WASHINGTON, Nov. 13 (UPI) — U.S. officials are considering an interim climate change pact before next month’s summit in Denmark, tackling a more ambitious plan next year, officials said.
The two-pronged, scaled-back strategy is being driven by lack of action on climate legislation in Congress, hampering the Obama administration’s efforts to strike an international deal this year, The Washington Post reported Friday
Backing an interim agreement would be an attempt to keep the U.N.-sponsored talks in Copenhagen and before from being seen as a failure, administration and congressional officials told the Post. At the U.N.-backed climate change summit, world leaders will consider a successor to the Kyoto protocol on climate change.
“An interim, operational deal is not meant to be seen as a substitute for a real agreement,” Todd Stern, the U.S. special envoy on climate change. “It’s meant to be seen as substantive building blocks to a full, legal agreement, and perhaps the best chance of getting such an agreement.”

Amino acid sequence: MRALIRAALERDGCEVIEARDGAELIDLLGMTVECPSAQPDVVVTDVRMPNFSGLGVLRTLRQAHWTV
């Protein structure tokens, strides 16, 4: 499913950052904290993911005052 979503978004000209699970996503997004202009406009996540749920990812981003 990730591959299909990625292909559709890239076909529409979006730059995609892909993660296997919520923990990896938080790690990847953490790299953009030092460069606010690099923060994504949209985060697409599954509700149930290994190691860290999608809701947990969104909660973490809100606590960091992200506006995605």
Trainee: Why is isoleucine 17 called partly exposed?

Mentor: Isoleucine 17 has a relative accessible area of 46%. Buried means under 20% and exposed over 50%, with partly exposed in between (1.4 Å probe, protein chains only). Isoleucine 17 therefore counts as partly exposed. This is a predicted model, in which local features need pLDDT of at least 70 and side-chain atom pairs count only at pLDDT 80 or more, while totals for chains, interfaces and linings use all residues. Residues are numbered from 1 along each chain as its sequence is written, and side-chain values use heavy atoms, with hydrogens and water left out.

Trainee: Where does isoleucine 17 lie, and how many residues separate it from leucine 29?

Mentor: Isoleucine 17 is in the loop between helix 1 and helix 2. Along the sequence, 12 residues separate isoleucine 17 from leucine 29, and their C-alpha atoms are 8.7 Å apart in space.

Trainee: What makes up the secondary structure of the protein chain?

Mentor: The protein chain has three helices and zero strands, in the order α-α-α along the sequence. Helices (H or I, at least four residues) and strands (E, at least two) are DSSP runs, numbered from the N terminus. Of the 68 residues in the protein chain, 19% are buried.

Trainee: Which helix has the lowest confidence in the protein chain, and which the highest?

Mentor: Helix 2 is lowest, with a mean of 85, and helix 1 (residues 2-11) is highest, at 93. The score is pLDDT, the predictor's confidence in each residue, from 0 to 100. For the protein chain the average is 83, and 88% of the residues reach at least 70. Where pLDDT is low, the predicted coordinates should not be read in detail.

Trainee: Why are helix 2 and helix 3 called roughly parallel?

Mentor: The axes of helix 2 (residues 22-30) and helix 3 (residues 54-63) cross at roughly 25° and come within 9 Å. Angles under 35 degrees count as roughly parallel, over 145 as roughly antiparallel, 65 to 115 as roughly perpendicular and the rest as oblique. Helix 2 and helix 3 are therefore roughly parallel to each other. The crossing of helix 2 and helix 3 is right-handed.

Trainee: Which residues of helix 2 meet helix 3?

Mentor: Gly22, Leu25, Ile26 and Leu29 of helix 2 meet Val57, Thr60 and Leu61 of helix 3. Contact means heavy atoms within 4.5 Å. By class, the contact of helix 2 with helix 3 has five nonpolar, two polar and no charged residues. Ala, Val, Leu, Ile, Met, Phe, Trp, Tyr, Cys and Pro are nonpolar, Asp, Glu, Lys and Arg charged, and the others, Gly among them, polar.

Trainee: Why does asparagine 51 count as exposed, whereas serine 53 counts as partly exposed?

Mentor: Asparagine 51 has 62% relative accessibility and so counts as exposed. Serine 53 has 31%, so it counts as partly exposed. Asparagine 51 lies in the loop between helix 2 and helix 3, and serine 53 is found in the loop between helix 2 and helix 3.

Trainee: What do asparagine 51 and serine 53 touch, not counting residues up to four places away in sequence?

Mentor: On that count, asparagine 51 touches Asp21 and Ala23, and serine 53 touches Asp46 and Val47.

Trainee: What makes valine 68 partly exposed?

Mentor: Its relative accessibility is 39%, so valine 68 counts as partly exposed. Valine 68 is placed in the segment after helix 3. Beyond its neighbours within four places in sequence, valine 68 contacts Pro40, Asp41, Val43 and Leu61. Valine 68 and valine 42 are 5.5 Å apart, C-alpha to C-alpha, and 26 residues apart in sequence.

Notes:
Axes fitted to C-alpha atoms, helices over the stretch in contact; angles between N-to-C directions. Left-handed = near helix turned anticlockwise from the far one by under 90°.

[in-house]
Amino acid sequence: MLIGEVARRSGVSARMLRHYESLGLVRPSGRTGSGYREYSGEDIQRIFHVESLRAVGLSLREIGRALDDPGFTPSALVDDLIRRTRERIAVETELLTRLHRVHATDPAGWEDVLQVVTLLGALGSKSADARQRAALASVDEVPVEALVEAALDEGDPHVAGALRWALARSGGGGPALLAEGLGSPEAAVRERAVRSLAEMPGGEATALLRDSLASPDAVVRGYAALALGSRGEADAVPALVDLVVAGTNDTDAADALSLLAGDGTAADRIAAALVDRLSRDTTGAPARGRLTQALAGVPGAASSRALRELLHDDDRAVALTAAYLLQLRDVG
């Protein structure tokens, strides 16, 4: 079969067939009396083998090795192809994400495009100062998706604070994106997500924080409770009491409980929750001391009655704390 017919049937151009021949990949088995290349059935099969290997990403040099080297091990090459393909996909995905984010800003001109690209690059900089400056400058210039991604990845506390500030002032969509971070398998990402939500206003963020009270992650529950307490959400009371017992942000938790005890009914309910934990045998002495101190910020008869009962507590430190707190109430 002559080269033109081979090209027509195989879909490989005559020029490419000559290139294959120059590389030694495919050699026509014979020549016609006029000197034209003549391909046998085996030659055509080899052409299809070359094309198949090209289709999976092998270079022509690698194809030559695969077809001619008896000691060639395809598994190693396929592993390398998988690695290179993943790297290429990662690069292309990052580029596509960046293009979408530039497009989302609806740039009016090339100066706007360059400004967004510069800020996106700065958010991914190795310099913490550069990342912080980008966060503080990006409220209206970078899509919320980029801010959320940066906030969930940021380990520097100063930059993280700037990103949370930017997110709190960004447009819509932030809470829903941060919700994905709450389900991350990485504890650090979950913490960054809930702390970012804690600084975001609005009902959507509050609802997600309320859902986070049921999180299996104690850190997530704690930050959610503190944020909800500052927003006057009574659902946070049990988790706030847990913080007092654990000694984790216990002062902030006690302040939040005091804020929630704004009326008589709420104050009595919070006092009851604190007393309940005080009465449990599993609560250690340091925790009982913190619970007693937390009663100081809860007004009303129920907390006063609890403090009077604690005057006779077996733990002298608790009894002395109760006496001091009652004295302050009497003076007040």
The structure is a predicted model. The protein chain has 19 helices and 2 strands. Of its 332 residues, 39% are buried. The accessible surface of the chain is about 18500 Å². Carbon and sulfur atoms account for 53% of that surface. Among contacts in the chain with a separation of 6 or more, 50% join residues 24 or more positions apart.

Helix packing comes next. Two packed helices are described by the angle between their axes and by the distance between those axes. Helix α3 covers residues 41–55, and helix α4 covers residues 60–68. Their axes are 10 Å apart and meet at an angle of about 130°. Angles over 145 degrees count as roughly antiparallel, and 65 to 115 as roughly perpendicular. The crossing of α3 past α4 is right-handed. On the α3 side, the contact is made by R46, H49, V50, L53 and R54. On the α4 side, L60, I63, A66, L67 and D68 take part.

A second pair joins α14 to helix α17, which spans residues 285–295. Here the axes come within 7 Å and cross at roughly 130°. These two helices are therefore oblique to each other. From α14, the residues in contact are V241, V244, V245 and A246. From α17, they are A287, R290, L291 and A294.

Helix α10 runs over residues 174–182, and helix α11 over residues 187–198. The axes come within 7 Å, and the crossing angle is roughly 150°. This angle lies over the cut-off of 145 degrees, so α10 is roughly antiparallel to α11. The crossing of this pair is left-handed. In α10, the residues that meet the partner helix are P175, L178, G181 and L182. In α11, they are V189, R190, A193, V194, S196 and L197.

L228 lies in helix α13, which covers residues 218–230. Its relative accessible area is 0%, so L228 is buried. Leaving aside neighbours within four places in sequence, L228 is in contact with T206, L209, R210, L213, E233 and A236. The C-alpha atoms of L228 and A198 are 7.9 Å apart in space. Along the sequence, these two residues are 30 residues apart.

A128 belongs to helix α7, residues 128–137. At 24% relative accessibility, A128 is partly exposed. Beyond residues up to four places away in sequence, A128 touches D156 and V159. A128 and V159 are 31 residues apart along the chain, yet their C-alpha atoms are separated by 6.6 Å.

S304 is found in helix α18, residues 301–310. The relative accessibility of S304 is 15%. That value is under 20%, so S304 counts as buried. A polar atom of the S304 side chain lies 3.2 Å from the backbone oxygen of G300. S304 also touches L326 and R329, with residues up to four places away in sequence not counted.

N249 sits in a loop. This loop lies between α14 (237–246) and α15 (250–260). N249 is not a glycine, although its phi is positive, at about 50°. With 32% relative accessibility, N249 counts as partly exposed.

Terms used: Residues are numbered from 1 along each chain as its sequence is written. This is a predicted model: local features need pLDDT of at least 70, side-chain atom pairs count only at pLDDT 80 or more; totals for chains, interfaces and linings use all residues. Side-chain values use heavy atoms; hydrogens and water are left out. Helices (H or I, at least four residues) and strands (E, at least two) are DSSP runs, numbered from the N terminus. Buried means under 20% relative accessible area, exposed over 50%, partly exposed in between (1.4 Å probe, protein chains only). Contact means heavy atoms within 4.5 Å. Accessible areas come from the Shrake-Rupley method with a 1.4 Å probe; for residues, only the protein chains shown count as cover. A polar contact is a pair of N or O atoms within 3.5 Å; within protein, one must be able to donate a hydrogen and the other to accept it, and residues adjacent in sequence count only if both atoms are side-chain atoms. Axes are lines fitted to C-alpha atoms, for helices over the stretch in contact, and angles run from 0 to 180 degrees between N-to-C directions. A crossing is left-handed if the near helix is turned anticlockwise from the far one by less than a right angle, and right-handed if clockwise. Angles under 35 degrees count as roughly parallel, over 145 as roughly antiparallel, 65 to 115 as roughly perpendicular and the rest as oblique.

At the core of the interim agreement are “political commitments” from key nations outlining targets to reduce their own greenhouse gas emissions and includes the amount of money wealthy countries would contribute to help developing nations address global warming and reduce emissions, the Post said. Danish Prime Minister Lars Loekke Rasmussen outlined the interim deal last month.
Leaders of the European Union, U.S. environmental groups and developing nations pushed for a binding treaty specifying how much nations would cut their greenhouse gas emissions during the next decade and the method for distributing money to developing countries.
“To the extent we can build a framework and even some of the elements that lead us to a final treaty in six months or less, that’s essential,” said Kevin Knobloch, president of the Union of Concerned Scientists in the Washington.
Copyright 2009 by United Press International